Dog Conspiracy


Table Scraps vs Treats

Most of us are guilty of sneaking a tasty table scrap to our pets during or after dinner. While there is not anything inherently wrong with giving your pet an occasional morsel left on your plate, there are some very good reasons to limit your handouts to treats made for dogs. Giving dogs a bit of leftover lean meat, non-buttered vegetables, and a little rice will not cause problems, but unfortunately, many people do not stop there.

Once a moocher, always a moocher.
Once you reward begging behavior with table scraps or something off your plate, you can expect to see the same hopeful eyes looking up at you every meal from that day forward. That is fine if you do not mind, but if you have a dog that whines, the behavior may disrupt your dinner. If you do mind, you will have a hard time training your dog to stay out of the room now that he knows he just might get a handout. Also, some dinner guests do not appreciate a tongue-wagging dog at their elbow while they try to eat their meal.

Table scraps do not offer the nutrition dogs need.
The more you fill your pet up with your food the less likely he is to eat his own. And since our nutritional needs are not the same as our dogs', your dog will get less of the vitamins and minerals he needs and probably more of those he does not need. Quality dog treats are developed with your dog's nutritional needs in mind.

Table scraps are the quickest route to weight problems.
Many times scraps are nothing more than empty calories. And since you probably save that hunk of fat or sweet morsel you know your dog will like, he gets all the wrong food for a trim waistline. Overweight pets, besides not looking their best, have a higher risk of many health problems.

Table scraps are a leading cause of digestive disorders.
The rich foods we eat can wreak havoc on your dog's digestive tract. A simple, consistent diet keeps their system functioning as it should. Throw in your very different foods and spices and do not be surprised if your dog has bad gas, bad breath, loose stools, etc.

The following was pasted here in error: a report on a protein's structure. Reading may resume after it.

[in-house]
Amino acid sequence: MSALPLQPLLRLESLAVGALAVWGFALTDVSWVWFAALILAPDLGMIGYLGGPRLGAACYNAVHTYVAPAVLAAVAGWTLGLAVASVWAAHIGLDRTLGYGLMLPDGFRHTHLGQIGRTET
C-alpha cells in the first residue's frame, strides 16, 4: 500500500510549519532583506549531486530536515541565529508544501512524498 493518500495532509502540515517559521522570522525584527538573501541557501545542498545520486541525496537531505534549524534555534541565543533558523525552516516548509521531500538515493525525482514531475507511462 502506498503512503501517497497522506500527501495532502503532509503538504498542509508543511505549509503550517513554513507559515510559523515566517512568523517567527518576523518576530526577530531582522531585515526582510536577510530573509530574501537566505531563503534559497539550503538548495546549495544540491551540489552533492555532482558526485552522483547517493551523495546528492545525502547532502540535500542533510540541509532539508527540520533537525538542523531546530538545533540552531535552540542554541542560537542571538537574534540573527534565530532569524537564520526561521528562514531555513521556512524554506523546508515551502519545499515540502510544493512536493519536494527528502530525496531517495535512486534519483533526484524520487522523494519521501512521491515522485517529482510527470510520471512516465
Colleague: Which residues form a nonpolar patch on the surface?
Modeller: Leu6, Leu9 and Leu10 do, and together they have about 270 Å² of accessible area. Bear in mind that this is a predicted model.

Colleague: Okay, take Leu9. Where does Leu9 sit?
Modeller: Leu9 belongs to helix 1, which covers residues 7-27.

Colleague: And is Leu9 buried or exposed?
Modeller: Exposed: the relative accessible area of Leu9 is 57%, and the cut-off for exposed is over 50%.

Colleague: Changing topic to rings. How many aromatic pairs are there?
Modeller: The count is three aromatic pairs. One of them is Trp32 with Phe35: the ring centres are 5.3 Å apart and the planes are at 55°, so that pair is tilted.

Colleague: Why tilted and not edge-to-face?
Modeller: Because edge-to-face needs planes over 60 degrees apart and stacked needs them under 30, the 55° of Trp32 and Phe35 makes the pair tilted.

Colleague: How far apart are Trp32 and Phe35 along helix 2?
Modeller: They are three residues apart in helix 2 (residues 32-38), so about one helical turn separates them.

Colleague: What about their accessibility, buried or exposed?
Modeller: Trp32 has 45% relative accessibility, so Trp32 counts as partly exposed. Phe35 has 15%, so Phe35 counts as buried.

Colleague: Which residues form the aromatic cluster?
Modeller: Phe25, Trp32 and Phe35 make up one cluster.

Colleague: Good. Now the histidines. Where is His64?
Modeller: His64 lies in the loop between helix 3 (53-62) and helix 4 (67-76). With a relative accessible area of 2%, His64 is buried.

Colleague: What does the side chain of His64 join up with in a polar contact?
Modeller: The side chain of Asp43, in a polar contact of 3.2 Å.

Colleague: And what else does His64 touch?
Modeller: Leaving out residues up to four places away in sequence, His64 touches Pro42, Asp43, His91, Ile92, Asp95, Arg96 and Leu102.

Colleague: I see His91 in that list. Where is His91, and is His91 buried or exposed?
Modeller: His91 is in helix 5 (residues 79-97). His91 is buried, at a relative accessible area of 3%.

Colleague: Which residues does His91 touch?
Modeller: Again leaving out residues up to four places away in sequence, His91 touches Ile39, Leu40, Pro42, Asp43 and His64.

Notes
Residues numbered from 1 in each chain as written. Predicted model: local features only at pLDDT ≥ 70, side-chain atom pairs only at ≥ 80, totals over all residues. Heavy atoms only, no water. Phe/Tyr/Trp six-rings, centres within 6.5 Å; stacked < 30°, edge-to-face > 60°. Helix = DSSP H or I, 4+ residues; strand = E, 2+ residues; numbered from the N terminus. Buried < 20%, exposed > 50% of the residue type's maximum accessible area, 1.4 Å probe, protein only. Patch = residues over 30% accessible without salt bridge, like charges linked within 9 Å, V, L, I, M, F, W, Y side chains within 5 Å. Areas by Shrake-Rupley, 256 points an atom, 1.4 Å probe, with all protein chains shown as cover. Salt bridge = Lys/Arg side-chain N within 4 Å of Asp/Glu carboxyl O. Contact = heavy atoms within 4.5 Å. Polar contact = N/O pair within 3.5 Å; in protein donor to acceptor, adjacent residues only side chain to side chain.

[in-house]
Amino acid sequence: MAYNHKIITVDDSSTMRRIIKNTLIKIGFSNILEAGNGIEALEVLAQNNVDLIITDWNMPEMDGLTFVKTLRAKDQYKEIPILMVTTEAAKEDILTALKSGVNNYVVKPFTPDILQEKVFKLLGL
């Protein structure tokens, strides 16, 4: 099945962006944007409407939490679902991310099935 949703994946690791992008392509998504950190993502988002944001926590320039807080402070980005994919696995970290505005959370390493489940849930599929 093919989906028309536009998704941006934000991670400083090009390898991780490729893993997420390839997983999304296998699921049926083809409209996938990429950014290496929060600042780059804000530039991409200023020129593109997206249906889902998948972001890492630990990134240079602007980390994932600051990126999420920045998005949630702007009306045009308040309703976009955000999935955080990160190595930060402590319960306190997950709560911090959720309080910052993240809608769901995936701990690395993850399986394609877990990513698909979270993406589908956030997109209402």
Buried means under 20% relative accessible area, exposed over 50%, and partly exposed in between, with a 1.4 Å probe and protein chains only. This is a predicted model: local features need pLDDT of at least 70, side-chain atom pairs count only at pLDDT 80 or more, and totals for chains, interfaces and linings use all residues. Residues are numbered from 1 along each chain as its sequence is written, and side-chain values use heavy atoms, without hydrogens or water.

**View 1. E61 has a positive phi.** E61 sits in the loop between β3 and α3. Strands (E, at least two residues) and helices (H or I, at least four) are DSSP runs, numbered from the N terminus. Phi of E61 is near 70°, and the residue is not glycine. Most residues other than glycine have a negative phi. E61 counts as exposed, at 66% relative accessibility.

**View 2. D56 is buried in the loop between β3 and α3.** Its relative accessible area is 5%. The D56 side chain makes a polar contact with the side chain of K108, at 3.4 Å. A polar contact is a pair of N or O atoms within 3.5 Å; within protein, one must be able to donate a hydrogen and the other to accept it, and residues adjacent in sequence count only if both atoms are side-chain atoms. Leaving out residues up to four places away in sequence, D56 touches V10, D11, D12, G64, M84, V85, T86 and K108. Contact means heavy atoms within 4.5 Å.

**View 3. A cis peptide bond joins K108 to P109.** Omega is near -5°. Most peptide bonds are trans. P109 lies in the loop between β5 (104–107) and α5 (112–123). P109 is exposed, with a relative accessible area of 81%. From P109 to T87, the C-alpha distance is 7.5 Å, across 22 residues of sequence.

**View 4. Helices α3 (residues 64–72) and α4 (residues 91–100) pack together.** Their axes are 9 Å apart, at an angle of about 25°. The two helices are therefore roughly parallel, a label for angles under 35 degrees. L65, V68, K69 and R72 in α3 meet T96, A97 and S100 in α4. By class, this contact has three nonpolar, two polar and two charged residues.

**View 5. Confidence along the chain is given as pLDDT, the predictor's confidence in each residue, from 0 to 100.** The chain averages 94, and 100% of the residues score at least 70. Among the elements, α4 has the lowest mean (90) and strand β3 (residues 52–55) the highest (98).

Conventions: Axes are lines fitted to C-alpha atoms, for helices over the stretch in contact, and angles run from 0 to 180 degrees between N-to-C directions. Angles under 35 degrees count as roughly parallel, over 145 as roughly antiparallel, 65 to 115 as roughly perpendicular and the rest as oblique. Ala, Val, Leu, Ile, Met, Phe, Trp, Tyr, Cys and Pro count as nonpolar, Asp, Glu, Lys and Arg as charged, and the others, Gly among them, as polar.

You could end up with a finicky eater.
If your dog develops a taste for your food, he may stop eating his own. After all, which would you prefer, dry dog food or juicy steak and hamburger every night?

You may create a thief.
Pets that are used to eating human food are more likely to devour the turkey leftovers you left unattended on the kitchen table. Or bury their heads in the garbage can to get at that fish you 'forgot' to give them. As you know, many bones, chocolate, and other food items can be dangerous to your dog.

Treats are a better choice.
A dog treat gives you and your dog the same satisfaction as giving or receiving a table scrap. It promotes that special bond between you and your dog, it gives your pet a new, delicious taste to savor, and it makes both of you feel good.

Quality dog treats are usually more nutritious and tend to have far fewer calories than most table scraps. Liver products are great treats because they provide nutrients your dog is unlikely to obtain from any other food source.

There are other benefits, too, depending on the type of treat you buy. Biscuit-type treats are good for your dog's teeth as they help scrape off plaque and tartar that can cause dental problems. Rawhide satisfies a dog's urge to chew, relieves boredom, and is also good for teeth.

Treats also do not encourage bad behavior. In fact, it is usually the opposite. Treats can be used during training to reward good behavior, but be careful not to overdo it.

As with anything in life, treats should be used in moderation. Too many treats can add weight and affect your dog's meals. As a rule, treats should never account for more than 10% of your dog's food intake. Your dog's food is his sole source for the nutrition he needs, so do not 'fill' your pet up on treats before meal time. Remember, no chocolate, no bones that splinter easily, and no high-fat, greasy foods.

Main source of the current section


[1] "Pet MD"

[2] "Nylabone"

[3] " Cesar's Way"

[4] "Pet Education"

[5] "Pet Food Nutrition"

[6] "The Whole Dog Journal"

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